By Isaac Murphy
No Easy Beat is living up to his name for trainer Rusty Dillon almost knocking off the Bundaberg track record at his first start before going seven tenths outside the Novice record at Albion Park last week clocking 29.81 for trainer Rusty Dillon.
Putting last week’s run into context, Silver Stunner won the Queensland Sprint Final in 30.08, .27 seconds slower than No Easy Beat, yet Dillon was not surprised with the performance.
“He’s always shown ability from break in and he carried that through to his first couple of starts at Bundaberg getting down around that track record,” he said.
“He’s taken a bit of time to get used to the track at Albion Park, he takes a few strides to get going before he opens up, but the red last week helped him out a lot.”
No Easy Beat will be back to contest a Fifth Grade this Thursday night and will have to overcome a sticky draw to beat the older dogs.
“He’s a lot sounder over the last three or four weeks, he’s had a few little issues bothering him, but his win last week will do his confidence the world of good being his first around Albion Park.”
“It’s pretty important to get a win there early on, because you don’t want to see their bravado dented too much and most of the big races are obviously held at headquarters, so he’ll be back this week for another run.”
“Drawing four isn’t ideal this week, but that’s something you can’t control, he’ll have to leave a little cleaner but if he can repeat anything like last week he’s a big show.”
Dillon formed a lifelong friendship with No Easy Beat’s owner Kevin Bryant after the pair shared great success with Big Easy Red a Nationals representative that was a prolific winner from the 520-710 metre range.
“No Easy Beat is out of a sister to Big Easy Red, both from Zambora Brockie who’s breed is travelling really well,” Dillon said.
“Big Easy was always lightly raced and we targeted the big races rather than putting him round for the sake of it and I’ll be following a similar path with this dog because we know he’s a real chance to win a big race one day.”
“He’s far from wound up yet, it’s quite scary what he might be able to accomplish in six to twelve months’ time, I see him in the same vein as Big Easy Red capable of winning over any distance.”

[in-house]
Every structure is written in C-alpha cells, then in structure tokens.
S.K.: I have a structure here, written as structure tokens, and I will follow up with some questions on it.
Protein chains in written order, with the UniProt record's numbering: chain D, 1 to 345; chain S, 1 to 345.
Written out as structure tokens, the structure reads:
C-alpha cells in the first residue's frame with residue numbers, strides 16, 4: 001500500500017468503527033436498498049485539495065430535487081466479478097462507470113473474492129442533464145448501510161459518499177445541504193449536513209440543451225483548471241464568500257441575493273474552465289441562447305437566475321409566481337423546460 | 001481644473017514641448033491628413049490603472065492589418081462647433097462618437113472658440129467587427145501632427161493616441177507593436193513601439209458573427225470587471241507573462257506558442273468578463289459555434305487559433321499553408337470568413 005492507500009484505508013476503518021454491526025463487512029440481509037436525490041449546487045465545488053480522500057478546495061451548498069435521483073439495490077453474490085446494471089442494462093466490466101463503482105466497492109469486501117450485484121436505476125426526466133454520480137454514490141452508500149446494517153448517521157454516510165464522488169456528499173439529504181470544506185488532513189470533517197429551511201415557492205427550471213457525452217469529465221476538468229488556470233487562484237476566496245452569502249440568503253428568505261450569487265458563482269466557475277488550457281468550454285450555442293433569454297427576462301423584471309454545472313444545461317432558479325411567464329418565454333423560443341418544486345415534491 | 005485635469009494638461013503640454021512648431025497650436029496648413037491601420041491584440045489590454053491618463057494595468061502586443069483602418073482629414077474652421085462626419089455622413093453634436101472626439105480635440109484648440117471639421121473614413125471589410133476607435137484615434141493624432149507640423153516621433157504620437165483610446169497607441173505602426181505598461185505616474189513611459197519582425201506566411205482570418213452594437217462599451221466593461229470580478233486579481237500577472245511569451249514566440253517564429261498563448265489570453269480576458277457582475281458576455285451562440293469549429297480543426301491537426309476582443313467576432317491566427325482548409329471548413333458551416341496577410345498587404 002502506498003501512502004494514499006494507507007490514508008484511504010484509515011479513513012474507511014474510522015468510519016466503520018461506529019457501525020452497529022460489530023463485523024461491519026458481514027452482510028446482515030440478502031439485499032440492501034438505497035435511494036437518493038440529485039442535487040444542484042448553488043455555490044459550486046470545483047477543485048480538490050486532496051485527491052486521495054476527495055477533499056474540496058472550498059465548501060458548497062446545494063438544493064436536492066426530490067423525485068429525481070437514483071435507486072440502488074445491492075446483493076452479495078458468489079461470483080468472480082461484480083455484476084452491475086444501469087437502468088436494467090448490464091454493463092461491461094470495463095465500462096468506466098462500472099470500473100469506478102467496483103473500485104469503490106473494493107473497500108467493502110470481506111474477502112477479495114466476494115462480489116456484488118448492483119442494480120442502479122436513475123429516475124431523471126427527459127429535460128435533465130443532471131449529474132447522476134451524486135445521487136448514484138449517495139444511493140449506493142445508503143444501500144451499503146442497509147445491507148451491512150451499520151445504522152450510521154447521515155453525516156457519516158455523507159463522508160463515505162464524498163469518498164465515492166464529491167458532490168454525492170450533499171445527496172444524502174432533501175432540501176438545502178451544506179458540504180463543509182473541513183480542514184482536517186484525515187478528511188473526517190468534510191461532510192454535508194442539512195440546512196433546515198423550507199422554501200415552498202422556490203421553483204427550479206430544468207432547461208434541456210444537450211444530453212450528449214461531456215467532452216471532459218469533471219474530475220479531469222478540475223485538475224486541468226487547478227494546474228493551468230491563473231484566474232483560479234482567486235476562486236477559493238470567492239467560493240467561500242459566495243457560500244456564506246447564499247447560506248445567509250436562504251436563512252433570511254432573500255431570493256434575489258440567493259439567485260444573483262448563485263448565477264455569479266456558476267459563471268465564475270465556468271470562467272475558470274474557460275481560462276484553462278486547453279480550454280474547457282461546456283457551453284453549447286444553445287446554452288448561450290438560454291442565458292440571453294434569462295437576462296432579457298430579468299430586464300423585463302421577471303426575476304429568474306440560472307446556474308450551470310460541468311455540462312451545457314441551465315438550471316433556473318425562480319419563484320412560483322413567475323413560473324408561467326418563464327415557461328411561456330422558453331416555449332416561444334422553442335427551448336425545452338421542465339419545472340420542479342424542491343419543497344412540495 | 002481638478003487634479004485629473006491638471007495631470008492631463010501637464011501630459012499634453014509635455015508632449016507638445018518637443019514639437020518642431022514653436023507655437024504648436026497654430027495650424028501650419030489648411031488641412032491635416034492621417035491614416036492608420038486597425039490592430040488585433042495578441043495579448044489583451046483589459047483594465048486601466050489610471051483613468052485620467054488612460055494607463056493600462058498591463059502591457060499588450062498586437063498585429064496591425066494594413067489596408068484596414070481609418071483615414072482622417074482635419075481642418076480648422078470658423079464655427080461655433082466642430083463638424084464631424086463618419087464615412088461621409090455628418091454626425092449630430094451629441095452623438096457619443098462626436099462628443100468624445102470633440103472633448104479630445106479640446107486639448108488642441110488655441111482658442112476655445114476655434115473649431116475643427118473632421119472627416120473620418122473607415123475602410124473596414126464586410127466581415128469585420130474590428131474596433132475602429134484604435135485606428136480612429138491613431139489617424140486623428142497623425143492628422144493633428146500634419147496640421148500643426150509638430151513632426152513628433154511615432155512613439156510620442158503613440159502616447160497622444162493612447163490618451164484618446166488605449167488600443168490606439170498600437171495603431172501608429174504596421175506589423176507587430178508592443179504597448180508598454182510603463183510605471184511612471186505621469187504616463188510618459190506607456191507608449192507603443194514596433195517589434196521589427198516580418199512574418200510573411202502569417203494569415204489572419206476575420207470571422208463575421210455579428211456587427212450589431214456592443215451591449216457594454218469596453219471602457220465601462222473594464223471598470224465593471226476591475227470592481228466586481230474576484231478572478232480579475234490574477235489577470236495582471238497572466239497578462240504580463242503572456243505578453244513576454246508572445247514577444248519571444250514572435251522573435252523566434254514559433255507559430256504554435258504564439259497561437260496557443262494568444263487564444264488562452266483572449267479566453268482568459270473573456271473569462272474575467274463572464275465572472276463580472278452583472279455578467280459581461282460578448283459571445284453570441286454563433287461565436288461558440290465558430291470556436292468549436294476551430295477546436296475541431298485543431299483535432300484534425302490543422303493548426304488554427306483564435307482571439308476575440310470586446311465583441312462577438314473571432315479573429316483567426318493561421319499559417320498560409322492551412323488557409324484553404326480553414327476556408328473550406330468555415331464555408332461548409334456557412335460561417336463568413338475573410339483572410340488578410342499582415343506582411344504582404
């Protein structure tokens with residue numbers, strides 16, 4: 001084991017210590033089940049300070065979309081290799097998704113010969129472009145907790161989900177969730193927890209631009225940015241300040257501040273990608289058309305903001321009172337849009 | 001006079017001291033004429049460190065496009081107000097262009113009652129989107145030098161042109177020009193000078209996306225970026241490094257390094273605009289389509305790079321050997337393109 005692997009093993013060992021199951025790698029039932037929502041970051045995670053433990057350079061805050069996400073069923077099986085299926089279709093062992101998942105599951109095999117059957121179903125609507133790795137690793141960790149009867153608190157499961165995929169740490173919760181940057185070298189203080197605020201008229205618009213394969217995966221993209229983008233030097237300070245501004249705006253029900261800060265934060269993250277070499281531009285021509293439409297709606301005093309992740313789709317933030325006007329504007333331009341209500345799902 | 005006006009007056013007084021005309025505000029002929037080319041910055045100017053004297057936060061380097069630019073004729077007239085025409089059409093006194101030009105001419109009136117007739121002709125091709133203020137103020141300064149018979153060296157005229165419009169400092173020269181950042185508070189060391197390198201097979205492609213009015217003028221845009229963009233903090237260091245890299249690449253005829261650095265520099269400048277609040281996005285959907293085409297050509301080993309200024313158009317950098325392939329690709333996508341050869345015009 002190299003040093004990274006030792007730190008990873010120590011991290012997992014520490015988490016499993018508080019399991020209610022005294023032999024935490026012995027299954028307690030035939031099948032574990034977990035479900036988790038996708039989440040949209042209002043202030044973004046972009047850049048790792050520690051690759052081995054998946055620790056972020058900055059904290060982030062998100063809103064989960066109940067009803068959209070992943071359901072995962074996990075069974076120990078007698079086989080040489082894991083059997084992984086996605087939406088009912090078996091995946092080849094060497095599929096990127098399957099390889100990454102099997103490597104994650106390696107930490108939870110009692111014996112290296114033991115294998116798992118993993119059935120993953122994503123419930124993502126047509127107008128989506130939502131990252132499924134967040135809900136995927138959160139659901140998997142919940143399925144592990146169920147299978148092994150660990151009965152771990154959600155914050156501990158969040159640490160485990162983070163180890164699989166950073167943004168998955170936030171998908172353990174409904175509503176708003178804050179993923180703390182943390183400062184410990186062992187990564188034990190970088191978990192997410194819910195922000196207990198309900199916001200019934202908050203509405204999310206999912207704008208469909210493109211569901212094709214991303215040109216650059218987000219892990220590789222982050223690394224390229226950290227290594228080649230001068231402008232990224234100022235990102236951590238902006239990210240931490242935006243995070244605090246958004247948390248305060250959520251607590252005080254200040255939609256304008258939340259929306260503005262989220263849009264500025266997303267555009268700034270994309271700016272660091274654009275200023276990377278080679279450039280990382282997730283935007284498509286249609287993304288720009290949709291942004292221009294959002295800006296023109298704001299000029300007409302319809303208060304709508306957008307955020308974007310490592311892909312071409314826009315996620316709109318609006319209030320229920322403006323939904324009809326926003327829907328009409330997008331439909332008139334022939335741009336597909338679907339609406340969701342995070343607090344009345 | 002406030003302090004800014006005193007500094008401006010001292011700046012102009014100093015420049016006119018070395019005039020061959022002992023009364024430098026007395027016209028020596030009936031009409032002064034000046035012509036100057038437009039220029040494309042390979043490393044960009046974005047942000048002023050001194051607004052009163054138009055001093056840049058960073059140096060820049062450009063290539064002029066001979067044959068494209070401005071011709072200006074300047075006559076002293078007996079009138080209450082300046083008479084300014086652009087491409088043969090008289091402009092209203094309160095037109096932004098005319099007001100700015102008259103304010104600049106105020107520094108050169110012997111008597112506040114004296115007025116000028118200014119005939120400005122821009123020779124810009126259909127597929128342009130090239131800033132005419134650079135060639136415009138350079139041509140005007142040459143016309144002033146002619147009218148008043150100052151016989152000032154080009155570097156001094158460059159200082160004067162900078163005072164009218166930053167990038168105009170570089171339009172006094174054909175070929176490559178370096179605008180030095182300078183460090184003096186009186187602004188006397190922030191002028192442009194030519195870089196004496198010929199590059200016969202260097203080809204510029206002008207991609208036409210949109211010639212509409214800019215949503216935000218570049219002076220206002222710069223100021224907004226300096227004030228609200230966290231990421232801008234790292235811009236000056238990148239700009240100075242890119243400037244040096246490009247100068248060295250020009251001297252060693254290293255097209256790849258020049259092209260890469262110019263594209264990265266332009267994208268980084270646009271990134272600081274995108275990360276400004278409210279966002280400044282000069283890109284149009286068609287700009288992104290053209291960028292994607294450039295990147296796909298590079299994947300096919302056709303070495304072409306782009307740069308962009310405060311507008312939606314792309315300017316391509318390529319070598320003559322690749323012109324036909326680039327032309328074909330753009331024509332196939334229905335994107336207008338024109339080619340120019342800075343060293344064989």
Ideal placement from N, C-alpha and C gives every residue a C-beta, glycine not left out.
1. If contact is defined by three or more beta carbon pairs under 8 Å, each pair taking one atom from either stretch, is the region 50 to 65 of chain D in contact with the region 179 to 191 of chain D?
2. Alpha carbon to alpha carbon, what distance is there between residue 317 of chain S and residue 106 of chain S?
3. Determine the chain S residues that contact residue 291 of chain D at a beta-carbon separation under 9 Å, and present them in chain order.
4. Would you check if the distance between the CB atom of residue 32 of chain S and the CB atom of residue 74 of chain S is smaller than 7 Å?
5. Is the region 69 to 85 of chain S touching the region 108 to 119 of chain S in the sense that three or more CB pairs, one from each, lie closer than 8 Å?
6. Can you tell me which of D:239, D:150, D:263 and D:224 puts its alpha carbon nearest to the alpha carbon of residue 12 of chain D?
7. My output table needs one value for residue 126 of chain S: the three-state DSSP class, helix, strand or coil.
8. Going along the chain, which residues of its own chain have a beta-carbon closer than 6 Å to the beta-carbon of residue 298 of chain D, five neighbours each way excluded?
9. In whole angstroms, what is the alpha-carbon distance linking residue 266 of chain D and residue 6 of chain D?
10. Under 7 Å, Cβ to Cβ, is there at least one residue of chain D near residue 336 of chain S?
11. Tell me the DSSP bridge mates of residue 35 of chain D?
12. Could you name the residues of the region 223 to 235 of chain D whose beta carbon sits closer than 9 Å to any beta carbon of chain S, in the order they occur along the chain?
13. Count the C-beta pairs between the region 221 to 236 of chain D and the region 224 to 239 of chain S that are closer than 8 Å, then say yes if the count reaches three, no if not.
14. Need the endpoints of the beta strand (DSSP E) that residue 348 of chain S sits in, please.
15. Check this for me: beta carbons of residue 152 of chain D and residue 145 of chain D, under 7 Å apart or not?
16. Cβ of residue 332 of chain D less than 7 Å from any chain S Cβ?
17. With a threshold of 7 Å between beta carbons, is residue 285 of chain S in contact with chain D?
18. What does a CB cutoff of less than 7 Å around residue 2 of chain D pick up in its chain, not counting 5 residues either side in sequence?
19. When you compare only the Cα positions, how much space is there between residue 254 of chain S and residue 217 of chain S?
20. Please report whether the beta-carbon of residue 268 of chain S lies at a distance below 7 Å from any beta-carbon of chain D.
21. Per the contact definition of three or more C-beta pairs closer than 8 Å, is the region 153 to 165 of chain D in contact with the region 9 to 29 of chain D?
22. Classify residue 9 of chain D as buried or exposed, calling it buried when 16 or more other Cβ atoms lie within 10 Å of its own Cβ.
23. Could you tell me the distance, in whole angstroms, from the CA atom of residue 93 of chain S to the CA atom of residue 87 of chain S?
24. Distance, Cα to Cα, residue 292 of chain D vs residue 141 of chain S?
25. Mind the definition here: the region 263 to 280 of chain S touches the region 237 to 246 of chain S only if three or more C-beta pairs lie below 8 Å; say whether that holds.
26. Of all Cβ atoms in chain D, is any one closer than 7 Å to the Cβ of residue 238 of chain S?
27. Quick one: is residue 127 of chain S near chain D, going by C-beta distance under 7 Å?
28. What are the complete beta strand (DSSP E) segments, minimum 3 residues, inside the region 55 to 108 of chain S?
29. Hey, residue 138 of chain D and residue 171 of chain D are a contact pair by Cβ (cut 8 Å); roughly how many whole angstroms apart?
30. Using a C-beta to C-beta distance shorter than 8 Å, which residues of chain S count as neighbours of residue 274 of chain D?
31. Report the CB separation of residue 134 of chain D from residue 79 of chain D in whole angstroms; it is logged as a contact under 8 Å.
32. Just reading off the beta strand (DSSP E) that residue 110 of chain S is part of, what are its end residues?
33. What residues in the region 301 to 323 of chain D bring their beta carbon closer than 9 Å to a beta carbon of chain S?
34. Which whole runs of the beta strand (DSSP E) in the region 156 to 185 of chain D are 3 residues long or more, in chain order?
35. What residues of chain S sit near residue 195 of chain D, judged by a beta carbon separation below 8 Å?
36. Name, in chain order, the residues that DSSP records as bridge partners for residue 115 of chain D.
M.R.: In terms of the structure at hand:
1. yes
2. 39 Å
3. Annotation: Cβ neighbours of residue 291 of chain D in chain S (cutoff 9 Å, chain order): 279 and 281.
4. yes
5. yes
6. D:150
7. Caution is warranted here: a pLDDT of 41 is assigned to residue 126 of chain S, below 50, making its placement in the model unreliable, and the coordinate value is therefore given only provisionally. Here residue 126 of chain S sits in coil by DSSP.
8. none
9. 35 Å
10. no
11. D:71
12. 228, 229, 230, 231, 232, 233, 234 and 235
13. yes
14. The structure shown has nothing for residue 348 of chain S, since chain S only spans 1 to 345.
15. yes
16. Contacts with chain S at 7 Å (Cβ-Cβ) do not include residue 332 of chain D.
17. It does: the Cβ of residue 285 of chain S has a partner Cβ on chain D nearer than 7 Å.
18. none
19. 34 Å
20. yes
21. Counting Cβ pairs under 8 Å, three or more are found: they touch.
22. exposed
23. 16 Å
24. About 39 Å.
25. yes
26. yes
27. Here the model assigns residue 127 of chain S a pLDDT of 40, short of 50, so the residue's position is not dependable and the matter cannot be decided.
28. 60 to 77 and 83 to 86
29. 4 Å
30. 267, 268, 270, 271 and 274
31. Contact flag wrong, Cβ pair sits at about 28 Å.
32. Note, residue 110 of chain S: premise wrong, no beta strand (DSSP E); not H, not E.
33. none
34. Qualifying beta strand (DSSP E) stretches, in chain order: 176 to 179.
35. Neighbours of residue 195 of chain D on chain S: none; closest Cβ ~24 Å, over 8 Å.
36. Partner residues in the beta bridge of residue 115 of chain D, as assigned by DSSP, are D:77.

While Dillon is set on playing the long game with No Easy Beat, he does have some short-term goals he wants to tick off.
“I’m setting him for the Publican’s Cup which is coming up in a fortnight’s time at Albion Park, being a Fifth-Grade race it looks a nice place to get his first feature race under his belt,” Dillon said.
“He hasn’t seen Ipswich or Capalaba yet, so I’m planning to trial around there in the near future with an eye to races down the track.”
A lifelong dog man Dillon knows he’s been blessed with some good ones throughout his career and is looking forward to devoting more time to his passion as he looks to build on his kennel out of Caboolture.
“I’ve been lucky in my career I started off early days down in Melbourne and was given a couple of dogs as a young fella, which ended up winning a few races, when I moved to Queensland picked up a couple of handy ones that got me started and have kept on from there,” Dillson said.
“I’ve got an acre out the back of Caboolture now, I’m hoping to get a couple more dogs on top of the pups I have at home and really build the kennel up in the next month or two.”
“I’m still working so I’m not able to pour everything into the dogs, but my hours are fairly flexible and between myself and my partner Tracy we keep things ticking along.”
“I’ve been very careful with all his racing to date he’s a long way off full fitness, it’s quite scary if everything goes to plan just what he can do.”
“He’s not even two yet and the majority of dogs don’t do their best racing until they’re three, we’re looking forward to a really good ride with him.”
“With the same Dam line as Big Easy Red he could end up being a seven hundred metre dog, I’ve just got to make sure to do everything right by him and he’ll tell us what’s his best fit.”